Today marks the beginning of one of the most eagerly anticipated parts of the school year … the final summer half-term. The countdown’s on, for teachers at least: 7 weeks; 35 working days; a maximum of 28 lessons with each of those classes.
‘RICHARD: Vouchsafe to wear this ring.
ANNE: To take is not to give.’ (RIII, I.ii)
PTS read-through: The Merchant of Venice, Act V
Occasionally, actually quite often if you’re me, you say things in class which get far more of a reaction than you anticipated. One of those moments came recently, when I suggested that an engagement ring was a symbol of ownership, not so different from a brand on a cow, if you thought about it.
‘Silence invaded the room’, as Steinbeck might have said.
The students were either reappraising their world-views, or they were reappraising me. It’s never easy to tell which.
Occasionally, teacher good luck messages and the valedictories get a bit mawkish or twee (and wearing my heart on my sleeve, I’m probably as guilty of this as others). That said, I still want to write one for my Y13s.
If beginnings feel tricky (until you read this, naturally), then signing off an essay can feel just as daunting, and it’s equally important. Faced with the time pressure of writing an additional half paragraph of analysis only to finish mid-
-sentence, or writing a strong conclusion, I know which one I’d choose every time.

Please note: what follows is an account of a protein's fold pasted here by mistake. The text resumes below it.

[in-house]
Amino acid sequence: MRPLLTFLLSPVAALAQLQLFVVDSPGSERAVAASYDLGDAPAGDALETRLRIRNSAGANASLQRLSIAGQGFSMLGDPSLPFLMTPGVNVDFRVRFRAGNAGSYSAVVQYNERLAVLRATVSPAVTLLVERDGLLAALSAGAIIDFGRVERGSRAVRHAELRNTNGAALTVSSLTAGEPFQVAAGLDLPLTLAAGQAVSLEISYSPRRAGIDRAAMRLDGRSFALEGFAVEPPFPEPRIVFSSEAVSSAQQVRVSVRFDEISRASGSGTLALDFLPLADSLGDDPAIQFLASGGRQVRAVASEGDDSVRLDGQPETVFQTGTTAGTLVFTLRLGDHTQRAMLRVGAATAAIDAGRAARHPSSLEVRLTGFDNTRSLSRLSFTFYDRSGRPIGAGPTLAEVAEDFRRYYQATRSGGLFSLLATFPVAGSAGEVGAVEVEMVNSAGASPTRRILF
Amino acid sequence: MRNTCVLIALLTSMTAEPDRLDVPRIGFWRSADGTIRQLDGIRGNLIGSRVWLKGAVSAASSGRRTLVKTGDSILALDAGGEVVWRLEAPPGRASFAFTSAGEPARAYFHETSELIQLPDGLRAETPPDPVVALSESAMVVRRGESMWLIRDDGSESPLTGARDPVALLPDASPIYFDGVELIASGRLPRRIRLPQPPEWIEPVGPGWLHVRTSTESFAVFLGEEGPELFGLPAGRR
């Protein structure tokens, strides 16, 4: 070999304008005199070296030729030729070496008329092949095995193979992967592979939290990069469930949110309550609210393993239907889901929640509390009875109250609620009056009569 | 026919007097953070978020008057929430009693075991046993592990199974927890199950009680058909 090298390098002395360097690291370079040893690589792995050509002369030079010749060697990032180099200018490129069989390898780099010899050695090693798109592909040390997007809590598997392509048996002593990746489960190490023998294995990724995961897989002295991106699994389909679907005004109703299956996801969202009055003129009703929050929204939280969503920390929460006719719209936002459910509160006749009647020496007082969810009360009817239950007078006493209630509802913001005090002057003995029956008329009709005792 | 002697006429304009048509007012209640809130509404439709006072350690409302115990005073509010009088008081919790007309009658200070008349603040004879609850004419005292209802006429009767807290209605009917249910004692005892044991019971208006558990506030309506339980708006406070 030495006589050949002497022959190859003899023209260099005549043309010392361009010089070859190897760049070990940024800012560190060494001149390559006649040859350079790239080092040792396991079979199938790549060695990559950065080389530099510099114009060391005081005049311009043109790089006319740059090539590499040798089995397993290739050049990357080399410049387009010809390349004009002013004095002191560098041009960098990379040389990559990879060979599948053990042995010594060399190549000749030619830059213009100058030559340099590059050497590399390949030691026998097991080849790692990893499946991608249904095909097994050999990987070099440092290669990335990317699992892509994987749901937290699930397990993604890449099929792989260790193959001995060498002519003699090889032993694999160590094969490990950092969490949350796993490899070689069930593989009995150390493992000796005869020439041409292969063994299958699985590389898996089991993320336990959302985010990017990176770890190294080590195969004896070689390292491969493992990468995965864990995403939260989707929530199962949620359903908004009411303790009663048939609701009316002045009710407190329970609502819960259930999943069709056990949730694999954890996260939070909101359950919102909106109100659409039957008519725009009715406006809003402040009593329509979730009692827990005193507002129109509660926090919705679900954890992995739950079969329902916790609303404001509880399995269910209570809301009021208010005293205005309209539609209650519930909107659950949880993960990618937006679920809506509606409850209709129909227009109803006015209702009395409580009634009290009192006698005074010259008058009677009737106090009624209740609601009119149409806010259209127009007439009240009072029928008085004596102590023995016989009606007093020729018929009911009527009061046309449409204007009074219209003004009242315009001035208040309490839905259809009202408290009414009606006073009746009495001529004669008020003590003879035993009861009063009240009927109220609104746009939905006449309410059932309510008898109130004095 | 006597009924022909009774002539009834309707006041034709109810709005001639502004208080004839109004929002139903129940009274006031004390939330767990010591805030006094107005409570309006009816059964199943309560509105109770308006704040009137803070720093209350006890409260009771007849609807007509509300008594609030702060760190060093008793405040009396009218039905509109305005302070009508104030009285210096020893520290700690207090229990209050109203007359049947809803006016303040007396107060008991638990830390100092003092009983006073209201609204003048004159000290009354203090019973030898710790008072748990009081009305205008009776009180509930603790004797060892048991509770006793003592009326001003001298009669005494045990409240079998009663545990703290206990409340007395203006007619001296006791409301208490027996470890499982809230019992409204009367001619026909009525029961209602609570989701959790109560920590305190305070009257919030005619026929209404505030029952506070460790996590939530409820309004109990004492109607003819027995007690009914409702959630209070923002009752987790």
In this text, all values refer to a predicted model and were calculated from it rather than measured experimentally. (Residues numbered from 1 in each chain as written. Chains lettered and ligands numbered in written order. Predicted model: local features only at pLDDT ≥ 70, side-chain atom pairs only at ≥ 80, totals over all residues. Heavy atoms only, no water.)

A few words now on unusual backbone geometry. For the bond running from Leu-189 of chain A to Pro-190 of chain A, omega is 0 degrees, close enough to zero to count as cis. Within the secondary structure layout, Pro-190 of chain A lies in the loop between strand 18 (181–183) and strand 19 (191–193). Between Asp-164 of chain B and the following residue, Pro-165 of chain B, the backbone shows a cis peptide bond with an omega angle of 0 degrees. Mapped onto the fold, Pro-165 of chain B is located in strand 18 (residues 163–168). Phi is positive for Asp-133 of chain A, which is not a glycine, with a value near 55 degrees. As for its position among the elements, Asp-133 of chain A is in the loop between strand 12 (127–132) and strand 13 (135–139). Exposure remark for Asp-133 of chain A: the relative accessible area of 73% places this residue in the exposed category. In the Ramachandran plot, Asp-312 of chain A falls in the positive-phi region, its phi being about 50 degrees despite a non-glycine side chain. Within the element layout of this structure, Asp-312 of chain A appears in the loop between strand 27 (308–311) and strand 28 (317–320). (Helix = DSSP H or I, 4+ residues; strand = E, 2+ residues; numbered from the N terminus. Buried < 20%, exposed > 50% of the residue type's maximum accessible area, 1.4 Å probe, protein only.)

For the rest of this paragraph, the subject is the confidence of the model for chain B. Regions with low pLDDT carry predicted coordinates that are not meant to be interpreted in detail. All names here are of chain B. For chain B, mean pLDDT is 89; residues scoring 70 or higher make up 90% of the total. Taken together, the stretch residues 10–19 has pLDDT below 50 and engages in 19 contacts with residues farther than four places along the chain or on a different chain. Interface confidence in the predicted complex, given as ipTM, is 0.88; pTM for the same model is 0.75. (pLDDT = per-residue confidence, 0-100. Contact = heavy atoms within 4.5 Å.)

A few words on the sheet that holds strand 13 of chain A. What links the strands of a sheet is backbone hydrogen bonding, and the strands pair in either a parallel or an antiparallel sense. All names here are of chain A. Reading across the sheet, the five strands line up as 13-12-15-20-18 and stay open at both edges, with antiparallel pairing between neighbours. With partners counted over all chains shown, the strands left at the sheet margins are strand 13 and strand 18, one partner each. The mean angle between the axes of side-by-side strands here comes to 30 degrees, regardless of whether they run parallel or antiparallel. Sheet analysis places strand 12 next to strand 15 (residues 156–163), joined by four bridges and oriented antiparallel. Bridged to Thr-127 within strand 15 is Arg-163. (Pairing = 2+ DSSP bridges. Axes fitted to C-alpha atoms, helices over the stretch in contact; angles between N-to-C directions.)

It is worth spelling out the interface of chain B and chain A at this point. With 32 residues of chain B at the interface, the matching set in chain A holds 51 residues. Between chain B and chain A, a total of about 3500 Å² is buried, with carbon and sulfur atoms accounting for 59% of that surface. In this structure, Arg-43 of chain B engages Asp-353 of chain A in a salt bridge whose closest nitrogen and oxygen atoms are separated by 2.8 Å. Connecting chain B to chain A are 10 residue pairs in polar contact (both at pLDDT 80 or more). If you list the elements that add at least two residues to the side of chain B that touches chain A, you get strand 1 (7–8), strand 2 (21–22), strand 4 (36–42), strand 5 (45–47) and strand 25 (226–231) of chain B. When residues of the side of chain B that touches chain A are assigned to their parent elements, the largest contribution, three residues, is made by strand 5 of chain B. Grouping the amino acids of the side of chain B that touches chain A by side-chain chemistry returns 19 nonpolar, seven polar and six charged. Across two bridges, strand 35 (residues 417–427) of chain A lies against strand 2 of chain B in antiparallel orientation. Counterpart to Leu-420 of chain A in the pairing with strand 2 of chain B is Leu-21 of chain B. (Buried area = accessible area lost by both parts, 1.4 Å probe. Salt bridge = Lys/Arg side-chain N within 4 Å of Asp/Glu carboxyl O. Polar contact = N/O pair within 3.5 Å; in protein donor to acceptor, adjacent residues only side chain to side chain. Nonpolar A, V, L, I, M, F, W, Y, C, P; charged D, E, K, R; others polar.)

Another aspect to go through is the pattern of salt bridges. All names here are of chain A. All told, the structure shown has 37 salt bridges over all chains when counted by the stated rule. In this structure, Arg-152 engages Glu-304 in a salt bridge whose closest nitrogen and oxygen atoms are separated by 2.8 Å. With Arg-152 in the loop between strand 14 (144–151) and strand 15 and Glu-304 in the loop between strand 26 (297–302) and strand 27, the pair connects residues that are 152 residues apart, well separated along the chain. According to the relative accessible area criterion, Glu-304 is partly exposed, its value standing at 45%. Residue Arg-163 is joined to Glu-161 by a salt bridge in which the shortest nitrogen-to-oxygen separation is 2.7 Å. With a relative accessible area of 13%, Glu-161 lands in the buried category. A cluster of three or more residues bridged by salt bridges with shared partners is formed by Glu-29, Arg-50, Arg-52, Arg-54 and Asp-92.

It’s that time of year again.
OCR A Level English Literature (paper 1): Thursday, 23 May, 13:30hrs
AQA GCSE English Literature (paper 1): Wednesday, 15 May, 13:30hrs
as well as mocks for Y10 and Y12 students … and the most daunting thing of all is starting your answer. (For tips on how to end your essay, click here)
“Do I need an introduction? Why? What should be in it?”
Last week’s pre-exam discussions with Year 13 looked again at how we might adopt a Feminist critical stance to our exam texts. The fabled AO5, I hear OCR students gasp …
I shall despair; there is no creature loves me,
And if I die no soul shall pity me. (Richard III: V.iii) [a]
No matter how many times I watch it – with Y9, 12 and 13 classes, or alone – Benedict Cumberbatch can move me to tears, delivering what I think are the saddest lines in Shakespeare.
The saddest lines … by arguably the biggest villain?